Outdoor cameras play an important role in security applications. Therefore, whether they are in tropical, frigid, or climates with extreme daily temperature differences, it is necessary to ensure that they will not malfunction or malfunction.
Old outdoor cameras can only operate reliably within a certain temperature range. When the temperature is low, the internal resistance of the lithium battery is relatively large, causing the battery capacity to rapidly degrade or even fail. At high temperatures, the camera’s image sensor may produce “hot pixels,” which are bright individual pixels that adversely affect the overall image quality.
Designing an outdoor camera that can withstand a wide range of ambient temperatures from -30°C to +55°C faces two major design challenges. The first challenge is the ability to start at extremely high/low temperature. The second challenge is the need to accurately measure temperature over a wide temperature range, because the operation of the fan or heater installed inside the camera is based on temperature measurements. Accurate temperature results maximize the operating temperature range of the camera and prevent equipment failure.
A design with a temperature switch can help solve these two challenges.
How to achieve efficient operation of fans and heaters
Outdoor cameras, especially high-definition cameras, produce higher energy. When the ambient temperature is high, the fan can reduce the internal temperature to keep the camera running normally. In extreme cold conditions, although the camera will generate a lot of heat, but this heat is still not enough to make it work above the minimum operating temperature. Therefore, when the ambient temperature is low, a heater can be used to increase the internal temperature.
Figure 1 shows the traditional temperature protection design, in which the microcontroller (MCU) or processor starts first and detects the temperature with the help of a sensor. However, if the temperature is too low or too high, the MCU or image sensor may be damaged when trying to start. To avoid this, the outdoor camera design should restore it to the lowest operating temperature before attempting to start the camera.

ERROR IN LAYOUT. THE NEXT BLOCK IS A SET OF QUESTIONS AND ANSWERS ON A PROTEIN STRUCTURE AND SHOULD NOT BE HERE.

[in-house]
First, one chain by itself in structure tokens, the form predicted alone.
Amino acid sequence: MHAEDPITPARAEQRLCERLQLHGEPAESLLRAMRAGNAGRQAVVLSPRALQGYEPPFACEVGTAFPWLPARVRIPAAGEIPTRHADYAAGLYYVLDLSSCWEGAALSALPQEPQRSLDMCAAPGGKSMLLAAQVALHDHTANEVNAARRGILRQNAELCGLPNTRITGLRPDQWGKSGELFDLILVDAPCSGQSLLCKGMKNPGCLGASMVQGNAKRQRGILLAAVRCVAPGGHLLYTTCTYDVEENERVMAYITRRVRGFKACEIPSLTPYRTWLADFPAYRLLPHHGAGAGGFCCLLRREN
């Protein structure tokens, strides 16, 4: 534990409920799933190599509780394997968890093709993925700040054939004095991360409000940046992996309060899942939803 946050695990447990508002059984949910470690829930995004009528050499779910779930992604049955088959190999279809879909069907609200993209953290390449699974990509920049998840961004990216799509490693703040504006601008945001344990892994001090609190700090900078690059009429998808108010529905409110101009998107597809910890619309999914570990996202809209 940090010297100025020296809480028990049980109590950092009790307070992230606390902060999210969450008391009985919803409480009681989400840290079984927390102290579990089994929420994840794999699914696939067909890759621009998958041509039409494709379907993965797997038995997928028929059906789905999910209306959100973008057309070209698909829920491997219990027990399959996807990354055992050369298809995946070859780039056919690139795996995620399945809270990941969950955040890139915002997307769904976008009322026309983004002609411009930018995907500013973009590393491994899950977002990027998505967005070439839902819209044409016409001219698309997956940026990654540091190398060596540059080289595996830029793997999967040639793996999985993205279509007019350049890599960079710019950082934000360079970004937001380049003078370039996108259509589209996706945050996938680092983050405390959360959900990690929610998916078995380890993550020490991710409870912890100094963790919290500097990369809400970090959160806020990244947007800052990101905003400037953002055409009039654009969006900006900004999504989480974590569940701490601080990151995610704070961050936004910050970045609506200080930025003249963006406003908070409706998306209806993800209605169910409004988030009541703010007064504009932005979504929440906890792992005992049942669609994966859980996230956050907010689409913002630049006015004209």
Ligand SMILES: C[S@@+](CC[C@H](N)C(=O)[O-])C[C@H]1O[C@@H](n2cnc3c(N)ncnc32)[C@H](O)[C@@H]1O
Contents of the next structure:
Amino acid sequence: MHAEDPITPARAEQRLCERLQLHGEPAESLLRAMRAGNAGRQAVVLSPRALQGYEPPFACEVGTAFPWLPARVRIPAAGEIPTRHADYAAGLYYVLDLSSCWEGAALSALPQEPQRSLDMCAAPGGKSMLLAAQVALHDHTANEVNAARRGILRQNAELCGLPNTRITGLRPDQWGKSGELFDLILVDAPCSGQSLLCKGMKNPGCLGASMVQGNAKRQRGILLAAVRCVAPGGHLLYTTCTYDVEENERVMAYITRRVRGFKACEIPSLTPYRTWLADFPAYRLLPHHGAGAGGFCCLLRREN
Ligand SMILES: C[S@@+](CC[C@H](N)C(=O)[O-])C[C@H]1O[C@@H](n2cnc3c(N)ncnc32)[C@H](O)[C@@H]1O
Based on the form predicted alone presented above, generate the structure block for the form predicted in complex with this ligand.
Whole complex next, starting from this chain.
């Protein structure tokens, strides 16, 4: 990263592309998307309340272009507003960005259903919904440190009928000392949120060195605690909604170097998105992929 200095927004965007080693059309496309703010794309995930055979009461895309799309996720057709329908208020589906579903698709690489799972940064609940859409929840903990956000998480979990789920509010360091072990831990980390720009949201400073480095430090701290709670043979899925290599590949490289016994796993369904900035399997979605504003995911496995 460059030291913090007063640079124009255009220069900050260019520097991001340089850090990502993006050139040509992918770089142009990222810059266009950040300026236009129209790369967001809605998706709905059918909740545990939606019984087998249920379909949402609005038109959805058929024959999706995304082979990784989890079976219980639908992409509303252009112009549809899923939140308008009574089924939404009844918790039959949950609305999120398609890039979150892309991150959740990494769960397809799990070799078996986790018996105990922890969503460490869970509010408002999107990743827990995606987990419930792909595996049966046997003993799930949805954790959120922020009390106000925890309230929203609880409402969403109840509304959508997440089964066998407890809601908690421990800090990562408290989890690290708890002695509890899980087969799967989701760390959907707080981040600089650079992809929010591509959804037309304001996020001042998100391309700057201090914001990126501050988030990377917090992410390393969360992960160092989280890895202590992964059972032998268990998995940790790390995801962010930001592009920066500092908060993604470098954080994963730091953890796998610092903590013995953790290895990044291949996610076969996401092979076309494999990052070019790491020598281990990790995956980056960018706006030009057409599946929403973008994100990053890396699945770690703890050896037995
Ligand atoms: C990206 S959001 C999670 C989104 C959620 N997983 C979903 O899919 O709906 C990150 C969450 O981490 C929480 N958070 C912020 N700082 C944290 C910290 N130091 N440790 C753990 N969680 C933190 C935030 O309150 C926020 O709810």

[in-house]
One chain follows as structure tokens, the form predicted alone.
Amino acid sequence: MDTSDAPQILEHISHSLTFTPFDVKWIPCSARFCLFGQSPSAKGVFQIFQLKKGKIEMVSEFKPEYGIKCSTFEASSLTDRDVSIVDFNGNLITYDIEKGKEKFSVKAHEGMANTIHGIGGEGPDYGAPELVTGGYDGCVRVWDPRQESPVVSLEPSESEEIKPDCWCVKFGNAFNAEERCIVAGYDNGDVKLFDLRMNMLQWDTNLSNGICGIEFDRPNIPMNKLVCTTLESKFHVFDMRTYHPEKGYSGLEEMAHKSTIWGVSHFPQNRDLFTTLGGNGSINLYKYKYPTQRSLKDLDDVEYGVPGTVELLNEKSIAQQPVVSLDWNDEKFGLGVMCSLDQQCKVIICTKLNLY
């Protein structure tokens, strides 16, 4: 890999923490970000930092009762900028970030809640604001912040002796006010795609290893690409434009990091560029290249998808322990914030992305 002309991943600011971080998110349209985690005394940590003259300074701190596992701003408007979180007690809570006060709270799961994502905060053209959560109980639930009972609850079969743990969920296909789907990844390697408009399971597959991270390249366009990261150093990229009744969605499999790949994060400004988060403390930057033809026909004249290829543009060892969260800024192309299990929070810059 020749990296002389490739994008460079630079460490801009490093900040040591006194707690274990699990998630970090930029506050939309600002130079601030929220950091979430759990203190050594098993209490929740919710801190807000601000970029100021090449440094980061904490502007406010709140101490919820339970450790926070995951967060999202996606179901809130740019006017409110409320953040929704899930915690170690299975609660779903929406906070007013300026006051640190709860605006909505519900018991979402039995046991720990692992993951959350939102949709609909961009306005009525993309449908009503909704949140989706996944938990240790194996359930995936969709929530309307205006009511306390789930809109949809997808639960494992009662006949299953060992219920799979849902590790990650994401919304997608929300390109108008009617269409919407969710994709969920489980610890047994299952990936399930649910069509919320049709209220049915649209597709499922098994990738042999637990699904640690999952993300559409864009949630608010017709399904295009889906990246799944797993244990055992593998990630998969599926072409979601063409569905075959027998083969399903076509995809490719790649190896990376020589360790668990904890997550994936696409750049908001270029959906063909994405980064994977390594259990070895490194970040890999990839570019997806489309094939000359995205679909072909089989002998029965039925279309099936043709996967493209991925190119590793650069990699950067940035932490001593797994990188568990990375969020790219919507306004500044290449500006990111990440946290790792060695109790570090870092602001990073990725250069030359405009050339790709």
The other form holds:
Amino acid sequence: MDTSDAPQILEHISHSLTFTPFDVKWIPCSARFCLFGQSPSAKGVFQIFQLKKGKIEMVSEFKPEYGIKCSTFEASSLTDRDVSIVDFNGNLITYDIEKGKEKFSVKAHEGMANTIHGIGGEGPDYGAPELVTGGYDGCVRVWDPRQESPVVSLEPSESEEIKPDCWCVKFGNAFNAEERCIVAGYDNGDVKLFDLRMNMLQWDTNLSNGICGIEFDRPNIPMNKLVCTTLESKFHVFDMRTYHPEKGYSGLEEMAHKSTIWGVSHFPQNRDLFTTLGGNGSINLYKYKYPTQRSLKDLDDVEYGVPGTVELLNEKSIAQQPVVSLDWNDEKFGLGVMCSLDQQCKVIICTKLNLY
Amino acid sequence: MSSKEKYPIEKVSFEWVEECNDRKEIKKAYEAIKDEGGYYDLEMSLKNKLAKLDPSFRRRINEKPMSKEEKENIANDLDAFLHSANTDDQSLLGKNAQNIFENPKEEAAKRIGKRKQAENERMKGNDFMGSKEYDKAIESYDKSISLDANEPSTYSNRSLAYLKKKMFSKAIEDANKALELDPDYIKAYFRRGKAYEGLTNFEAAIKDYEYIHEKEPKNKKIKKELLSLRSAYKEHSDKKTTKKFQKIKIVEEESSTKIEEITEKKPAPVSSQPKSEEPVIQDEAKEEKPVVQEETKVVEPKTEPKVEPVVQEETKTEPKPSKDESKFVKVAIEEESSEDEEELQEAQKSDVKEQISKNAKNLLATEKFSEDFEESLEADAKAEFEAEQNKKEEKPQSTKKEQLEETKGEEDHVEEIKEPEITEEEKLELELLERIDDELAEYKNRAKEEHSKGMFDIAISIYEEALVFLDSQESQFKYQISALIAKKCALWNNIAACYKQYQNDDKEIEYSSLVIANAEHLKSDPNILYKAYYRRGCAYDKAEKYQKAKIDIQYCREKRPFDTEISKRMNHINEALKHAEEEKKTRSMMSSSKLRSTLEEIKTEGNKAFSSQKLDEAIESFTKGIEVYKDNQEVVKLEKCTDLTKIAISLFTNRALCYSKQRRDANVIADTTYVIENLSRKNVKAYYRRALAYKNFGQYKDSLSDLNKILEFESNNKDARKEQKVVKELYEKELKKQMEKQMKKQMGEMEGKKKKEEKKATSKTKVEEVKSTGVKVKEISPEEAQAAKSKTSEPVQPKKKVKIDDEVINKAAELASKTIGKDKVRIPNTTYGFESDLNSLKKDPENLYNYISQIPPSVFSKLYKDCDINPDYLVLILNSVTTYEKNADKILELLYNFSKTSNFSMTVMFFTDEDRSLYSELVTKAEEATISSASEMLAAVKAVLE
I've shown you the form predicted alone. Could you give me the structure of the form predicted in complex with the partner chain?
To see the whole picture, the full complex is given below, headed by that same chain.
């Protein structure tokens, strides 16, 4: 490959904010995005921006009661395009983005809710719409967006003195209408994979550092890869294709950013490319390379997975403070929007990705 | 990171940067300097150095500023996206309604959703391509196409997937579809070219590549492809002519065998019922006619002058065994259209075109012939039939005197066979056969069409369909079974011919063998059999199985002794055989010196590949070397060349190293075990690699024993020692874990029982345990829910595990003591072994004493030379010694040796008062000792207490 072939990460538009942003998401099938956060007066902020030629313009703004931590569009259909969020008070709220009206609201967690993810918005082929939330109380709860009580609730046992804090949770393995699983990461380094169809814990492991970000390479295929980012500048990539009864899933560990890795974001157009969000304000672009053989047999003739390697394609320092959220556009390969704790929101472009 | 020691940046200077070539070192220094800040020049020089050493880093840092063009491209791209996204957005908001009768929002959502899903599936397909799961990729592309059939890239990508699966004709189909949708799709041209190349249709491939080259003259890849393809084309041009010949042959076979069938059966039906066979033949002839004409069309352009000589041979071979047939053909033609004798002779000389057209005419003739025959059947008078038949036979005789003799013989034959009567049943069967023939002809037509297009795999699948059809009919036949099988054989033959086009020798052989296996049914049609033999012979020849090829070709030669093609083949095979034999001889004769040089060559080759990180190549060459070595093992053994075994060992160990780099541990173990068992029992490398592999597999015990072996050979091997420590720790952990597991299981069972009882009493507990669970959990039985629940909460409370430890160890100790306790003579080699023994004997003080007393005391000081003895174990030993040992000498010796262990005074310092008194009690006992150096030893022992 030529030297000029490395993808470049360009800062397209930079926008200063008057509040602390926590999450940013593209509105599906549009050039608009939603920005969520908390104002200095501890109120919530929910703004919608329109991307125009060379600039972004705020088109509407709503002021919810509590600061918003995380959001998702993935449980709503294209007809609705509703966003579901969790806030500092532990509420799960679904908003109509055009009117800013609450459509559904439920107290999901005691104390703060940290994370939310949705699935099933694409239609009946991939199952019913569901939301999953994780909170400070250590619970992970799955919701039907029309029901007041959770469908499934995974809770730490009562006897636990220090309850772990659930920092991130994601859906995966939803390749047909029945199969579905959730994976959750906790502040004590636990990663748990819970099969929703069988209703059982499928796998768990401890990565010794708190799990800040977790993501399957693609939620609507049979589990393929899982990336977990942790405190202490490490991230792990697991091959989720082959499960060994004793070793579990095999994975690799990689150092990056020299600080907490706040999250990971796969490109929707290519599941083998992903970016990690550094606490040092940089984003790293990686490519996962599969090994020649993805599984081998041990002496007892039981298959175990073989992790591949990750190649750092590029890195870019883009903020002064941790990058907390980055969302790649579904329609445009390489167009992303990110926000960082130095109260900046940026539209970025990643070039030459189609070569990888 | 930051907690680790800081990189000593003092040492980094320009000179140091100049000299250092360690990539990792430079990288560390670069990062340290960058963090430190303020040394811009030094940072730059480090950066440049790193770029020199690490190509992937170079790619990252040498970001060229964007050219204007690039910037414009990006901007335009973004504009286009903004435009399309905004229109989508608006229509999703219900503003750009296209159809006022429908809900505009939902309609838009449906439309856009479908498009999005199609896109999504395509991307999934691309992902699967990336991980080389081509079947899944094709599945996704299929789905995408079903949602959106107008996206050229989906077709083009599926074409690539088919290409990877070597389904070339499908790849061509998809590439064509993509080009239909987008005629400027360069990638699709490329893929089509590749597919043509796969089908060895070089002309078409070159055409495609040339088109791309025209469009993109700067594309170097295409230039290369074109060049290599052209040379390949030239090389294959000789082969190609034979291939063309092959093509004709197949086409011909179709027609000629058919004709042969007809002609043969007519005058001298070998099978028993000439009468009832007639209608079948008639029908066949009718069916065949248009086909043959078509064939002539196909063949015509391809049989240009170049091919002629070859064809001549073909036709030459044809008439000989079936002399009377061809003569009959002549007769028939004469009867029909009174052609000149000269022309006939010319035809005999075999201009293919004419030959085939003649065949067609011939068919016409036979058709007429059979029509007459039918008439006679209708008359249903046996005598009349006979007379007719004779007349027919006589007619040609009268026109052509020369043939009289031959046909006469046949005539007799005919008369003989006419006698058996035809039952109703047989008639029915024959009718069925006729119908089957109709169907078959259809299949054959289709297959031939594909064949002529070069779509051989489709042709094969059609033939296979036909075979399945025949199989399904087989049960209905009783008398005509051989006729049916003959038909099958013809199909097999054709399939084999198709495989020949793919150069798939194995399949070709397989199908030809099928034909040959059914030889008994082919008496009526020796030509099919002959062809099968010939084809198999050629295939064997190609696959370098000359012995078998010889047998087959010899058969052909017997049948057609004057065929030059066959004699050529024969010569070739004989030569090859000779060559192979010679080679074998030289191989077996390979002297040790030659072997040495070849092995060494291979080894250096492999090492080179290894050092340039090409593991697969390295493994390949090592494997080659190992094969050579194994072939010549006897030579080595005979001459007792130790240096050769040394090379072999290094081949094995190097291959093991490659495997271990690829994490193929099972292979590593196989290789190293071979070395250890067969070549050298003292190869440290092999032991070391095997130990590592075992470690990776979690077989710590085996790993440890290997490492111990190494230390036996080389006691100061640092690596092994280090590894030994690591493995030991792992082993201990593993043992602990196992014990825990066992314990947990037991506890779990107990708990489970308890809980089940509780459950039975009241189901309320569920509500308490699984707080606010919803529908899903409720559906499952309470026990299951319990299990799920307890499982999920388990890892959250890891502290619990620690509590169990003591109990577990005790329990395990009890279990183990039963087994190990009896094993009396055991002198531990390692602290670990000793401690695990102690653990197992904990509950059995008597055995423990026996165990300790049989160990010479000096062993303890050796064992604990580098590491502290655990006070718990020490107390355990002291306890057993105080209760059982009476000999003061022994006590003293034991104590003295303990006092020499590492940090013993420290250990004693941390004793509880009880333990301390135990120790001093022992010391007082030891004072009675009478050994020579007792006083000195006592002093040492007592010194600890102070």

Figure 1: Traditional temperature protection design
TMP390 dual-channel temperature switch can provide independent high and low temperature detection without using MCU. Because the temperature switch directly controls the fan and heater, it can provide a suitable temperature for the entire system before the MCU starts, thereby preventing the MCU from operating at extremely high or low temperatures. The programmable temperature trip point of the resistor provides flexibility for a variety of applications, and the 5°C or 10°C thermal hysteresis option of resistor programming prevents unnecessary digital output switching.
During the startup process at extremely low temperatures (see Figure 2), after turning on the power, the temperature switch will start first; the MCU or other components will remain off. When the temperature exceeds the safe range, it is in a low-level active state, and at the same time, the heater and fan begin to increase the internal temperature. When the temperature reaches the preset value, the whole system starts to start. Compared with the traditional temperature protection design in Figure 1, the TMP390 temperature switch can adjust the temperature before the system starts, thus solving the challenge of starting at extremely low or extremely high temperatures.
Figure 2: Example circuit of TMP390 with 10°C hysteresis at +60°C and -40°C threshold
The TMP390 temperature switch has 3C accuracy in the range of -55°C to +130°C (±1.5°C from 0°C to +70°C), which provides sufficient accuracy over a wide temperature range. Through accurate temperature measurement, outdoor cameras no longer need to leave room for temperature protection, so that the operating temperature range can be maximized and the equipment in the system can be effectively protected. Because the TMP390 temperature switch can precisely control the fan or heater, it can save unnecessary energy consumption in the outdoor camera.